We are excited to announce our investment in Dropzone AI, a new platform for deploying AI-assisted “reinforcements'' for cybersecurity operations. Professional hackers have the upper hand when targeting an organization, often using automated attacks to create an overwhelming number of security alerts. The vast majority of these events must be manually investigated, putting cybersecurity analysts at a disadvantage in what feels like an asymmetric war. Dropzone enables defenders to automate their front line of defense, leveraging the power of LLMs to autonomously investigate security alerts, create real-time context, and empower human analysts to respond to only the highest impact events.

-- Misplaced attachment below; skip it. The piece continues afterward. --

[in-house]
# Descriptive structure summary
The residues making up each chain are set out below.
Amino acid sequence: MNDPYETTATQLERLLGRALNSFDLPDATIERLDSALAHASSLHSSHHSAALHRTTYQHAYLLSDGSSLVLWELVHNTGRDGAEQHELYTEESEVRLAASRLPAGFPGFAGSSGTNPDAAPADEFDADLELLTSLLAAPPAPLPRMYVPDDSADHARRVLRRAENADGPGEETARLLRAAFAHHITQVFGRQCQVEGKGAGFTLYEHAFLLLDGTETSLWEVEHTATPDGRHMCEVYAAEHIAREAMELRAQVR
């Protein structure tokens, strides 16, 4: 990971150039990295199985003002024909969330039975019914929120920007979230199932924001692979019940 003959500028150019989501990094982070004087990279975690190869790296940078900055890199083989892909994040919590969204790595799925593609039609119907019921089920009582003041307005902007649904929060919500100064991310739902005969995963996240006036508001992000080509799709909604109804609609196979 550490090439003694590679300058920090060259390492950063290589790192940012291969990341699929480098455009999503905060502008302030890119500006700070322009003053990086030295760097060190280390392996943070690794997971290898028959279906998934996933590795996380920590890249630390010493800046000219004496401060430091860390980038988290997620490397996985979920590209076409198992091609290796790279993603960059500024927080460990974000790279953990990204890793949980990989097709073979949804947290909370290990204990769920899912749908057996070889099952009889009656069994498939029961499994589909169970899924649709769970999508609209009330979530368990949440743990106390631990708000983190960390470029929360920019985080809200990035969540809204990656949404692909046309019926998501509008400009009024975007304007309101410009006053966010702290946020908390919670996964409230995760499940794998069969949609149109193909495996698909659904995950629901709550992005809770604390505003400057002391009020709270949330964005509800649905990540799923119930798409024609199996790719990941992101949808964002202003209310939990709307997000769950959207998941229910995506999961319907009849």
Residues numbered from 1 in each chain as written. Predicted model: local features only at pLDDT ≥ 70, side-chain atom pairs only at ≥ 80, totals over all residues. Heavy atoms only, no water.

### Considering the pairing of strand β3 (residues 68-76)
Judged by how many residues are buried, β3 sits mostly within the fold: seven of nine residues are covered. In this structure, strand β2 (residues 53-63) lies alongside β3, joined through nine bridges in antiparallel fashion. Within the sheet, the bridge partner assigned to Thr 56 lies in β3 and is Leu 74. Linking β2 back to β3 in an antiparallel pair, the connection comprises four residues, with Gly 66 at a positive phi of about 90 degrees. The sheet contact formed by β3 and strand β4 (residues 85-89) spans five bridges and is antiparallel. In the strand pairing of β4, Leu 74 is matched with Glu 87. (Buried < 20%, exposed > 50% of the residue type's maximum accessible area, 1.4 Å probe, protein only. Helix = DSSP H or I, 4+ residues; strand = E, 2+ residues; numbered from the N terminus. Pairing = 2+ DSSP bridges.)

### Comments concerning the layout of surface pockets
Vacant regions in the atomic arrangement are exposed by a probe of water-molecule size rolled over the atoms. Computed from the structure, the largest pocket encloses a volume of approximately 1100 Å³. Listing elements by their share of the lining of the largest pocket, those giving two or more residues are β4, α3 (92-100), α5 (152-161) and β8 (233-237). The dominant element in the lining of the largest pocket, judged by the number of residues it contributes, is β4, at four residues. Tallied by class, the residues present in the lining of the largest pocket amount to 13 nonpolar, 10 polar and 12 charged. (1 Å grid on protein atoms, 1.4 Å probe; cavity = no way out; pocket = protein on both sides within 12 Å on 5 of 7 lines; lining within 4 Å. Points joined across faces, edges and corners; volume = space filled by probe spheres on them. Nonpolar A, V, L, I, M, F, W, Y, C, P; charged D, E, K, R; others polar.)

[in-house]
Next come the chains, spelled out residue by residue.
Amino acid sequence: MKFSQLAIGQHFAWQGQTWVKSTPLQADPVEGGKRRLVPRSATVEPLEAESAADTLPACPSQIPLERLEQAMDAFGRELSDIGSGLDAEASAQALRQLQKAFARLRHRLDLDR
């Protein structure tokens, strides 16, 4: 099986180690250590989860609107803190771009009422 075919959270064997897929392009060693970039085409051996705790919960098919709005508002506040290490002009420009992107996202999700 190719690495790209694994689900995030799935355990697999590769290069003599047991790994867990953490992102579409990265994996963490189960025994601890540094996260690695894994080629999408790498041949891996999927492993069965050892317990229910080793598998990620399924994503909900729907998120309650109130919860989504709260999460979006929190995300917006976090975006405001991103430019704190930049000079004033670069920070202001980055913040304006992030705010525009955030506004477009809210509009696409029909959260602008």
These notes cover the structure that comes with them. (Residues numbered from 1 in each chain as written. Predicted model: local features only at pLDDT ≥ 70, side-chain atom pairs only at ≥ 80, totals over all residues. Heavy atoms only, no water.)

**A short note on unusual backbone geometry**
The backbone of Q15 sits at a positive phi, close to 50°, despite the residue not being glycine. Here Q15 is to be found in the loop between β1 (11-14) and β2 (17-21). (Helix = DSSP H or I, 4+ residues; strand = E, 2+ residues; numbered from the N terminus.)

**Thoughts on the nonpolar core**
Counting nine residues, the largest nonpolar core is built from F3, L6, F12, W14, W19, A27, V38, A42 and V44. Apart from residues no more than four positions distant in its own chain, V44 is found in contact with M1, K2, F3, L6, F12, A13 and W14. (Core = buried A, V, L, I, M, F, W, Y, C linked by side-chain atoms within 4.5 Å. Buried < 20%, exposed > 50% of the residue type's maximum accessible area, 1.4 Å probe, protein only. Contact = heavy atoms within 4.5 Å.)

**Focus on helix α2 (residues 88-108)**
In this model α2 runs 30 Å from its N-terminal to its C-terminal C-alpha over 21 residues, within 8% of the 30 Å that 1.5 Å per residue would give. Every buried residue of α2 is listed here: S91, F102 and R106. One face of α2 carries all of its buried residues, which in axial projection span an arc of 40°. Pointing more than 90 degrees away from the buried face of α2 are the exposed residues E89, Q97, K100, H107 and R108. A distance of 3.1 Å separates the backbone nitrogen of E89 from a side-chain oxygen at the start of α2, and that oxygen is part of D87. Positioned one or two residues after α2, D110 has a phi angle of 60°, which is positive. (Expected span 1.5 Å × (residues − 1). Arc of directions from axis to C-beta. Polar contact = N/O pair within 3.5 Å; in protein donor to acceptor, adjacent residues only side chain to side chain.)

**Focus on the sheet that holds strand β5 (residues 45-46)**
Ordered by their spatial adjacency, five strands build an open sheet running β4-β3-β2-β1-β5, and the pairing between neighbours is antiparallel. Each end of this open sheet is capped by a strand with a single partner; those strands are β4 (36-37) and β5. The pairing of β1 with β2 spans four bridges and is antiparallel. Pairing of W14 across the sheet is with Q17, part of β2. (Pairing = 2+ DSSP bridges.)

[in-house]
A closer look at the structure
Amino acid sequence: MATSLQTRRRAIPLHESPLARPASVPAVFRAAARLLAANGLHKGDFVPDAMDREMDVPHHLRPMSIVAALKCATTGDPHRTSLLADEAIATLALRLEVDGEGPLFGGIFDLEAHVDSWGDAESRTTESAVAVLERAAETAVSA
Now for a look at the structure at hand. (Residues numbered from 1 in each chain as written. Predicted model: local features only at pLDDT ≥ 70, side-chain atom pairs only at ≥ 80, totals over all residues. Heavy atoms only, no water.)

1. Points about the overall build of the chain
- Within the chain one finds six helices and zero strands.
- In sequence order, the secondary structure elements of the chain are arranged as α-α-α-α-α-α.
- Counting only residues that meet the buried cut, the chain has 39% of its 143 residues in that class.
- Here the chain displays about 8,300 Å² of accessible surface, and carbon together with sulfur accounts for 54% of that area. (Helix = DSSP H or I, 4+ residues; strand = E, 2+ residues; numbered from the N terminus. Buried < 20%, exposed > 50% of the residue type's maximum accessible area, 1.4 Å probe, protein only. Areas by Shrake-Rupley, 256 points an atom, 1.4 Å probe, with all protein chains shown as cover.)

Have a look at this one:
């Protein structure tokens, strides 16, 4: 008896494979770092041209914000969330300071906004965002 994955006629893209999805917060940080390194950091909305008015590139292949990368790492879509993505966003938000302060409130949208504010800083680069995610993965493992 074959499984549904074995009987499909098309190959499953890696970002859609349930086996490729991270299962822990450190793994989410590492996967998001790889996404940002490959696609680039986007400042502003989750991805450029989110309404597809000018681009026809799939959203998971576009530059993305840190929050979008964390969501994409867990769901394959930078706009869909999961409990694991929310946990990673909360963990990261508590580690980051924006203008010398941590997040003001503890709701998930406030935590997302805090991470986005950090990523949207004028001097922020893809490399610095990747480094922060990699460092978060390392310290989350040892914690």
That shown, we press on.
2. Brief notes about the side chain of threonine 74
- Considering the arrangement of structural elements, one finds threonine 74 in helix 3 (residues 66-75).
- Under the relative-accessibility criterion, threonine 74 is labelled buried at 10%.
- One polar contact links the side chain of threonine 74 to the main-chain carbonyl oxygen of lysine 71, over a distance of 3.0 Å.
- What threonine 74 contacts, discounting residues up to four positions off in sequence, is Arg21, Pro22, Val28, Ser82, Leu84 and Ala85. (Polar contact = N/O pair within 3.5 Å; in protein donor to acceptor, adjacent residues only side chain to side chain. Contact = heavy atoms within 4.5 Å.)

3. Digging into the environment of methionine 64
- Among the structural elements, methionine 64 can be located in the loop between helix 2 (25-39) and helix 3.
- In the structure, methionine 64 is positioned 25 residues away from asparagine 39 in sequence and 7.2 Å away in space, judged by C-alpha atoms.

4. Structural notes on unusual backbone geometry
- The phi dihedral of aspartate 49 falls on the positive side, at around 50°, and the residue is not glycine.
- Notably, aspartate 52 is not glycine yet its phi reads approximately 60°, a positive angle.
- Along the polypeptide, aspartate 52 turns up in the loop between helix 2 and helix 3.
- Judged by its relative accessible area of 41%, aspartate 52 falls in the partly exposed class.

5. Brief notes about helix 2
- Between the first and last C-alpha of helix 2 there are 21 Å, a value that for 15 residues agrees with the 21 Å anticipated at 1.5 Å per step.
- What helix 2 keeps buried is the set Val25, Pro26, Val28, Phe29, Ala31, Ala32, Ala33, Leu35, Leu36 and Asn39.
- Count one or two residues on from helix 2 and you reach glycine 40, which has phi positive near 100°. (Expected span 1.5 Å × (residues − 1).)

Dropzone was founded by Edward Wu, former head of detection engineering at ExtraHop Networks. We talked to Edward about his vision for delivering AI-assisted reinforcements in our founder Q&A:
I grew up in Shanghai and was very fortunate to get access to a computer while in kindergarten - I taught myself programming and grew up playing (and hacking) video games on my PC. My parents were incredibly dedicated to education and brought me to the US to try to enroll me in a top university. It was hard for them to find a career here in the US and they clearly made a lot of sacrifices so that I could have a chance to focus on my passion. We moved to California when I was 14 and I immediately started taking college-level advanced computer science courses while in high school. I ultimately went to UC Berkeley and the University of Washington where I studied under some of the best professors and researchers in the field of cybersecurity.